This year’s Nobel Prize in Physics went to researchers in quantum mechanics – the science that describes the behavior of subatomic particles, that is, physics at the smallest possible scales.
The prize goes to Frenchman Alain Aspect, American John Clauser and Austrian Anton Zeilinger. The researchers will split the prize money of 10 million Swedish kronor (R$ 4.7 million).
The work of these scientists could pave the way for a new generation of powerful computers and telecommunications systems that are impossible to hack.
This year’s three laureates have conducted groundbreaking experiments using entangled quantum states, where two subatomic particles behave as a single unit, even when separated.
“Quantum information science is a vibrant and rapidly developing field,” said Eva Olsson, a member of the Nobel Committee for Physics. “It has broad and potential implications in areas such as secure information transfer, quantum computing and detection technology.”
Alain Aspect, 75, is affiliated with Université Paris-Saclay and École Polytechnique, Palaiseau. John Clauser, 79, runs his own company in California. Anton Zeilinger, 77, is attached to the University of Vienna. The same three men won the Wolf Prize together in 2010.
Anton Zeilinger got an early morning call to say he had won. “I’m still kind of shocked, but it’s a very positive surprise,” he said.
Quantum mechanics describes the behavior of subatomic particles. It is a field of research that began in the early 20th century.
One of the fields of quantum mechanics is “entanglement”, in which two or more quantum particles – usually photons, the particles of light – can remain tightly connected when very far apart and not physically linked.
Your shared state can be your energy or your spin. It’s a strange phenomenon that Albert Einstein called “spooky action at a distance”.
The theoretical basis was developed in the 1960s by the Northern Irish physicist John Stewart Bell. But it was Aspect, Clauser and Zeilinger who conducted the experiments to show that the phenomenon was real and could have practical uses.
“I have always been interested in quantum mechanics from the first moments I read about it,” Zeilinger told BBC News. “And I was really impressed with some of the theoretical predictions because they didn’t fit the usual intuitions you might have.”
Two areas of practical use for entanglement research are gaining a lot of attention in recent times. One is quantum computers, which promise a giant leap in the ability of machines to solve complex problems. And the other is in encryption, the secure encoding of information. Exploiting quantum entanglement will make it impossible for a third party to eavesdrop on private communications.
“This is useful for the military and banks, etc., in secure communications,” said John Clauser. “The biggest application that I know of was made by the Chinese, who launched a satellite several years ago that they use for secure communications over thousands of kilometers.”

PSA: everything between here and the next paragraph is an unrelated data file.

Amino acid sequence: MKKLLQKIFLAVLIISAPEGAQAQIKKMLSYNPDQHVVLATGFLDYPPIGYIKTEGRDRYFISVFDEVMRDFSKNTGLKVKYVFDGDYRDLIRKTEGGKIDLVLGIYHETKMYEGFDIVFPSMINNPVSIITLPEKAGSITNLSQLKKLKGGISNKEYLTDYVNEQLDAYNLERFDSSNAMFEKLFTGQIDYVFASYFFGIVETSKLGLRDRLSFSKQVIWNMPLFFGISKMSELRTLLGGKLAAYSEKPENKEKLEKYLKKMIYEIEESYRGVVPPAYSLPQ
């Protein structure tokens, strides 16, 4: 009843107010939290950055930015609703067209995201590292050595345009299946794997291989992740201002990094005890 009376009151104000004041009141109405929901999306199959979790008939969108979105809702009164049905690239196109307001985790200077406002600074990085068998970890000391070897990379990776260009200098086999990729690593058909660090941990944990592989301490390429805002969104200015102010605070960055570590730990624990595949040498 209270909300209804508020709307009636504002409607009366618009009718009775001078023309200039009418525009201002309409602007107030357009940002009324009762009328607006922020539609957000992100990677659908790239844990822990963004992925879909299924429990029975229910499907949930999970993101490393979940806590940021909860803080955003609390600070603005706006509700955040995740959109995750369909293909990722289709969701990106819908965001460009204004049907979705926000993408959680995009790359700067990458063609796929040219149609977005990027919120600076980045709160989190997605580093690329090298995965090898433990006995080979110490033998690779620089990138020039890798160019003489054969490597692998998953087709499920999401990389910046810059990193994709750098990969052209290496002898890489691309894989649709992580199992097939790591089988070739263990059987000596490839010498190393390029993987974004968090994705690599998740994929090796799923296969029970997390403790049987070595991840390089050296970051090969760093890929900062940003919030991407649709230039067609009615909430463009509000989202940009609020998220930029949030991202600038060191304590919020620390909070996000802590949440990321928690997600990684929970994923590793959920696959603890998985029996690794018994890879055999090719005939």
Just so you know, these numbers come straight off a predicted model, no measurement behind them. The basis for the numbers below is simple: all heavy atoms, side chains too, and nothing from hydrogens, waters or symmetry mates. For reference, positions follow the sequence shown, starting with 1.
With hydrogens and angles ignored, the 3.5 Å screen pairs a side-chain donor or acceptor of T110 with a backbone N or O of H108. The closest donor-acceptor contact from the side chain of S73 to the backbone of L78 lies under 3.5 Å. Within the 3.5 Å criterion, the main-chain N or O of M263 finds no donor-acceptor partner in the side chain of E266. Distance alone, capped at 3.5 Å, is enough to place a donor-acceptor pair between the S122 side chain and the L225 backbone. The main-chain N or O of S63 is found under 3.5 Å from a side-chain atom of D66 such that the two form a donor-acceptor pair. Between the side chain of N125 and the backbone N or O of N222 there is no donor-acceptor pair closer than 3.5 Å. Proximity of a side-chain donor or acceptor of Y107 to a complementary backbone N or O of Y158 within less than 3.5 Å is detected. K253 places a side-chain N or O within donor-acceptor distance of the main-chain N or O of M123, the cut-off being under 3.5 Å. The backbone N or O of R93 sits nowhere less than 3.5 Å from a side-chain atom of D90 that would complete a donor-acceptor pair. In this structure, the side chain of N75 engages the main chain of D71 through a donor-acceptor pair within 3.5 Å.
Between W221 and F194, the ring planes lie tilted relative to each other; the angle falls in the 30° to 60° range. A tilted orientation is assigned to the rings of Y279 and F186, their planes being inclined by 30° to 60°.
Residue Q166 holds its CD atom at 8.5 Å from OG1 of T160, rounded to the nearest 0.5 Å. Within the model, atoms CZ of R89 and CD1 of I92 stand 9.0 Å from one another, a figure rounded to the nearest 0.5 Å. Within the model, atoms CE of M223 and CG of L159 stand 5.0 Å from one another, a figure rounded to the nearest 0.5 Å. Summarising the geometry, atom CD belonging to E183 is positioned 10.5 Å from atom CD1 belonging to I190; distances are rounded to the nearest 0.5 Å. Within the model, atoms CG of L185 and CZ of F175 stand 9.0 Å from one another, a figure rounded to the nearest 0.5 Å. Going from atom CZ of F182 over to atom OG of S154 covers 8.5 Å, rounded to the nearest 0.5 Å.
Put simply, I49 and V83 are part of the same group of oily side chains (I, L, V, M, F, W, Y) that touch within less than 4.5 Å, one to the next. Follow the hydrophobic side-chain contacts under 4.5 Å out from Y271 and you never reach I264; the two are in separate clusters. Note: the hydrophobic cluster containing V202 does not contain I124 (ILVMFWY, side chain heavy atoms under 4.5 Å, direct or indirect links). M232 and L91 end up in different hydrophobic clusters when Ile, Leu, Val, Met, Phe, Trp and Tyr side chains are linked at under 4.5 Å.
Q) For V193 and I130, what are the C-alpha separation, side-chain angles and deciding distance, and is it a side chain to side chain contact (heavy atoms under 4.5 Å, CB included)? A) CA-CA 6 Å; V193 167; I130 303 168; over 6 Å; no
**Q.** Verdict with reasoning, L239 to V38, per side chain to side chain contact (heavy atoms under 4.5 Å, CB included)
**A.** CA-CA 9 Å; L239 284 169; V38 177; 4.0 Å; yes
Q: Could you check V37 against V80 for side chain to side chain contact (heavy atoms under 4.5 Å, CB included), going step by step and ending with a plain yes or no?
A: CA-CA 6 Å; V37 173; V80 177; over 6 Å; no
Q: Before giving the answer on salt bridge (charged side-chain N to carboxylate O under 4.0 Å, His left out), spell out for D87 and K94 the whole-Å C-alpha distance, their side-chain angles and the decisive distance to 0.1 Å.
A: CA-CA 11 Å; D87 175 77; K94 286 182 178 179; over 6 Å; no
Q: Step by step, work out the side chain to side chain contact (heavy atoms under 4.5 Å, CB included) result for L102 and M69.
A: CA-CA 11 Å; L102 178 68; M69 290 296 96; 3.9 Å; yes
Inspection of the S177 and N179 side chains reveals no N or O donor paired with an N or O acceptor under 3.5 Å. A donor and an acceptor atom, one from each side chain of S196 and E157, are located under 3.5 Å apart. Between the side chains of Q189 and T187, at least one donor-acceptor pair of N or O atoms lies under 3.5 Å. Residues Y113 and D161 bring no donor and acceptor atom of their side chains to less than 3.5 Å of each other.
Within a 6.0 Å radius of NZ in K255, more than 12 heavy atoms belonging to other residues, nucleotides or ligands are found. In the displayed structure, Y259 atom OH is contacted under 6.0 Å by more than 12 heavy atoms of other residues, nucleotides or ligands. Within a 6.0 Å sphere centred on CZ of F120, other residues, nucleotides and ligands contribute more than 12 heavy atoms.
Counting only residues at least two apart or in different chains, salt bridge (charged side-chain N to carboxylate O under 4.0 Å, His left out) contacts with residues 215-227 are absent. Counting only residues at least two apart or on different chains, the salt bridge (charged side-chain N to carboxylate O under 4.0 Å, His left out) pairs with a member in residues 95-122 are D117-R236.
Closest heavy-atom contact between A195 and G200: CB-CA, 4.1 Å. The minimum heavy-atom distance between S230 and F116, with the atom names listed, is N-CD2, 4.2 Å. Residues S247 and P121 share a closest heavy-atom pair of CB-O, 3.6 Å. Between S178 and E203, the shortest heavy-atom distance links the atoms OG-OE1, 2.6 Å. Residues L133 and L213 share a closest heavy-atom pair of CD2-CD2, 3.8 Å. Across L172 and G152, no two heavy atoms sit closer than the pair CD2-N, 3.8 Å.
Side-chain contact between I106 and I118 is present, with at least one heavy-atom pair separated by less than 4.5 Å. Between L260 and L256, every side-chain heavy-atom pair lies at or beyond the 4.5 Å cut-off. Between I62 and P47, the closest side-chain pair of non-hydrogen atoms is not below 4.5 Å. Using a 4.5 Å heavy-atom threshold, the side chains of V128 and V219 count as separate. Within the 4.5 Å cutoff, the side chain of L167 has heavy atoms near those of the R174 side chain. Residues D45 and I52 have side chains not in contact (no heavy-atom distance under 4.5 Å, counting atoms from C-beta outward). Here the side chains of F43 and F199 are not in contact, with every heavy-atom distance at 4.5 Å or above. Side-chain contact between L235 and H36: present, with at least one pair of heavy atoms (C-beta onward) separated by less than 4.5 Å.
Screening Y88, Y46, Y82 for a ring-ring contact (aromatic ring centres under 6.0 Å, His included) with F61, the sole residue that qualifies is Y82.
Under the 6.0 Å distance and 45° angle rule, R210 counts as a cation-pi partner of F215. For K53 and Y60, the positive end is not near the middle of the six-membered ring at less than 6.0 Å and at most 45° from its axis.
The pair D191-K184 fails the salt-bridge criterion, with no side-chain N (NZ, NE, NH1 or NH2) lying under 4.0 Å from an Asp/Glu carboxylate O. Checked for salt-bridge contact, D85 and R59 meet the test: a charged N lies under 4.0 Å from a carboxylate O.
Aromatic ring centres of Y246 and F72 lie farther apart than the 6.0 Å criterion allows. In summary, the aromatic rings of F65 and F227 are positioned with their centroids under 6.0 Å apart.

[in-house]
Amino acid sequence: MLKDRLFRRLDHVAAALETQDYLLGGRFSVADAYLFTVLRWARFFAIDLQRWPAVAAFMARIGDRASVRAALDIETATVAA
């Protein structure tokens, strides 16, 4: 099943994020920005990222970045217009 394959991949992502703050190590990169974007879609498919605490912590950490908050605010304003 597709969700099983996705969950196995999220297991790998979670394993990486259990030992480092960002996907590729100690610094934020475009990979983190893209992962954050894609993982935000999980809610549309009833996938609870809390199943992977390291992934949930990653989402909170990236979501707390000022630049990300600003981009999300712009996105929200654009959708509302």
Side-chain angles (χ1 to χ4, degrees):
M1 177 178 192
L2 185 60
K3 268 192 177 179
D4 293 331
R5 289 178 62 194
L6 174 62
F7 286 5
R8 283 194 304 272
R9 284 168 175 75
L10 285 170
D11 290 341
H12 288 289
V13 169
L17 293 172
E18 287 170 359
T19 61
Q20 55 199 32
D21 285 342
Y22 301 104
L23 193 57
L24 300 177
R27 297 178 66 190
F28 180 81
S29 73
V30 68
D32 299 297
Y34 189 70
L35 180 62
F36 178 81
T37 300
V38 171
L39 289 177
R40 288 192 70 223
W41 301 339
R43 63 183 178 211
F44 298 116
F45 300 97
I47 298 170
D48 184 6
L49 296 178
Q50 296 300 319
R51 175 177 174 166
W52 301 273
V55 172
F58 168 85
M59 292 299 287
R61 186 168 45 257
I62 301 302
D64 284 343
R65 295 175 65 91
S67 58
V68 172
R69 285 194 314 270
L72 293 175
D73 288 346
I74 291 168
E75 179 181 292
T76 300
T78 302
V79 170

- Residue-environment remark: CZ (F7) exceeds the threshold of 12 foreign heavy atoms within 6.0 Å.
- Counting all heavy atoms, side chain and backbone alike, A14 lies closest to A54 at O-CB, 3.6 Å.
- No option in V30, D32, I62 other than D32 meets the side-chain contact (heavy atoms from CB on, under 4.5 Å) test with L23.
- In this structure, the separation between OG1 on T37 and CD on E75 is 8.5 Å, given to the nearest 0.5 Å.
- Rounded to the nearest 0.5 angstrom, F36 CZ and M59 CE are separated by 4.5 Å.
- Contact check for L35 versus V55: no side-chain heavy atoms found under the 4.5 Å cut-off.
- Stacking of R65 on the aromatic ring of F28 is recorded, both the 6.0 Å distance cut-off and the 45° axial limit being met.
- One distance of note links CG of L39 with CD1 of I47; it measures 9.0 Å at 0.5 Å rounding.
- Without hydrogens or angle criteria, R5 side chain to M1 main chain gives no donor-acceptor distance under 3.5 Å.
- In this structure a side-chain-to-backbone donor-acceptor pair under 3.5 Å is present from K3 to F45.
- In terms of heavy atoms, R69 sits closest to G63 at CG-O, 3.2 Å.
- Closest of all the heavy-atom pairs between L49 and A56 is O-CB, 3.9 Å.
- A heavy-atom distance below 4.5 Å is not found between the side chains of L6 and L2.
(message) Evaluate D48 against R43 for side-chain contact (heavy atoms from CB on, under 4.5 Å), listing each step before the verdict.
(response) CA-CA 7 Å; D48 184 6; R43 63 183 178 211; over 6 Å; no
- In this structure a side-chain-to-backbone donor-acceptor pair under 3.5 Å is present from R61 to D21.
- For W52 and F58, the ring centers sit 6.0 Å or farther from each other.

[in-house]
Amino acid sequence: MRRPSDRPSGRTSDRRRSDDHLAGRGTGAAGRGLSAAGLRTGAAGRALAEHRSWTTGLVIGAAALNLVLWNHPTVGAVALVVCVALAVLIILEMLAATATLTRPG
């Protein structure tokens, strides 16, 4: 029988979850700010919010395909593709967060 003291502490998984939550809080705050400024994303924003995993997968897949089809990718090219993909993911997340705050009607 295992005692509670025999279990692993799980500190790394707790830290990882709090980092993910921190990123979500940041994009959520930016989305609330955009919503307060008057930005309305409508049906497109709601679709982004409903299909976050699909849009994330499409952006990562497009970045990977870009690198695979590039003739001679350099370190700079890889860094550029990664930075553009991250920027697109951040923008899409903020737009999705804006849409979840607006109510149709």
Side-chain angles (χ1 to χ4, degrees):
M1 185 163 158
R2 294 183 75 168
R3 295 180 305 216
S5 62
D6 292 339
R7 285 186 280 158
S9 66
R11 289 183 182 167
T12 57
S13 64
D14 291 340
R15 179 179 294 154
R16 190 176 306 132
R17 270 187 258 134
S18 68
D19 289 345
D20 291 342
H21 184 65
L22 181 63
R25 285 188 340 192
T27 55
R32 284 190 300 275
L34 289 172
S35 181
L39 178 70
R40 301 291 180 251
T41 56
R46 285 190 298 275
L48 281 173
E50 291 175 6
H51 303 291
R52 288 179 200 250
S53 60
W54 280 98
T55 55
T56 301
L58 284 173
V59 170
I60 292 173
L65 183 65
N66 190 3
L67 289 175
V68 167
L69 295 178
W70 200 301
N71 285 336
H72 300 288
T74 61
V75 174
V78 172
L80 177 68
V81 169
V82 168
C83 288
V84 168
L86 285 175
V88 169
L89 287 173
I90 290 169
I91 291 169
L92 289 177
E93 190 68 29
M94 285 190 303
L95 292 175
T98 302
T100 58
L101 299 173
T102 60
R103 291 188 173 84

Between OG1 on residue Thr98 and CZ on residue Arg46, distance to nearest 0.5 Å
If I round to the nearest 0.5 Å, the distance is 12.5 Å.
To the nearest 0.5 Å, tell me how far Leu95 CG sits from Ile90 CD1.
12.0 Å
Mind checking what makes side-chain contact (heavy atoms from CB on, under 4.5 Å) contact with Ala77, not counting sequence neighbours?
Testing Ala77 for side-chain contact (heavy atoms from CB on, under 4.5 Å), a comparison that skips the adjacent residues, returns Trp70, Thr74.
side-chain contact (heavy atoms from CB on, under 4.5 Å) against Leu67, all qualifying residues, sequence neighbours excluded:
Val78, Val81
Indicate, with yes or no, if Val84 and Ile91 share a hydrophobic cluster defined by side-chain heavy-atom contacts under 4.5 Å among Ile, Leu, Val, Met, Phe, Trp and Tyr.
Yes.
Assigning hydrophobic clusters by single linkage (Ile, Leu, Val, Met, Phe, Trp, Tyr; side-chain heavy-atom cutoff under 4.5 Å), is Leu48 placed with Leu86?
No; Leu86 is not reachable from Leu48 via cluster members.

Professor Tim Spiller of the University of York, UK, said Tuesday’s laureates were worthy winners who helped open up possibilities for an exciting future.
“Quantum technologies have been researched significantly in the UK and many other countries over the last 10 years. We’ve known about entanglement for much longer than that, but the investment has been made in the last 10 years. And now there are one or two commercial products. emerging technologies that you can buy that use various aspects of this quantum resource, and we hope there will be many more in the future,” he told BBC News.
The 2021 Nobel Prize in Physics has been awarded to three researchers who have advanced our understanding of complex systems – in particular, the Earth’s climate.
On Monday, the Nobel committee awarded the prize in Physiology or Medicine to Svante Paabo from Sweden for his work on human evolution.
Past Nobel Prize winners in Physics
- 2021 – Syukuro Manabe, Klaus Hasselmann and Giorgio Parisi received the award for advancing our understanding of complex systems such as Earth’s climate.
- 2020 – Sir Roger Penrose, Reinhard Genzel and Andrea Ghez received the award for their work on the nature of black holes.
- 2019 – James Peebles, Michel Mayor and Didier Queloz shared the award for groundbreaking discoveries about the Universe.
- 2018 – Donna Strickland, Arthur Ashkin and Gerard Mourou were awarded for their discoveries in the field of laser physics.
- 2017 – Rainer Weiss, Kip Thorne and Barry Barish won the award for detecting gravitational waves.
- 2016 – David Thouless, Duncan Haldane and Michael Kosterlitz shared the award for their work on rare states of matter.
- 2015 – Takaaki Kajita and Arthur McDonald received the award for the discovery that neutrinos switch between different states
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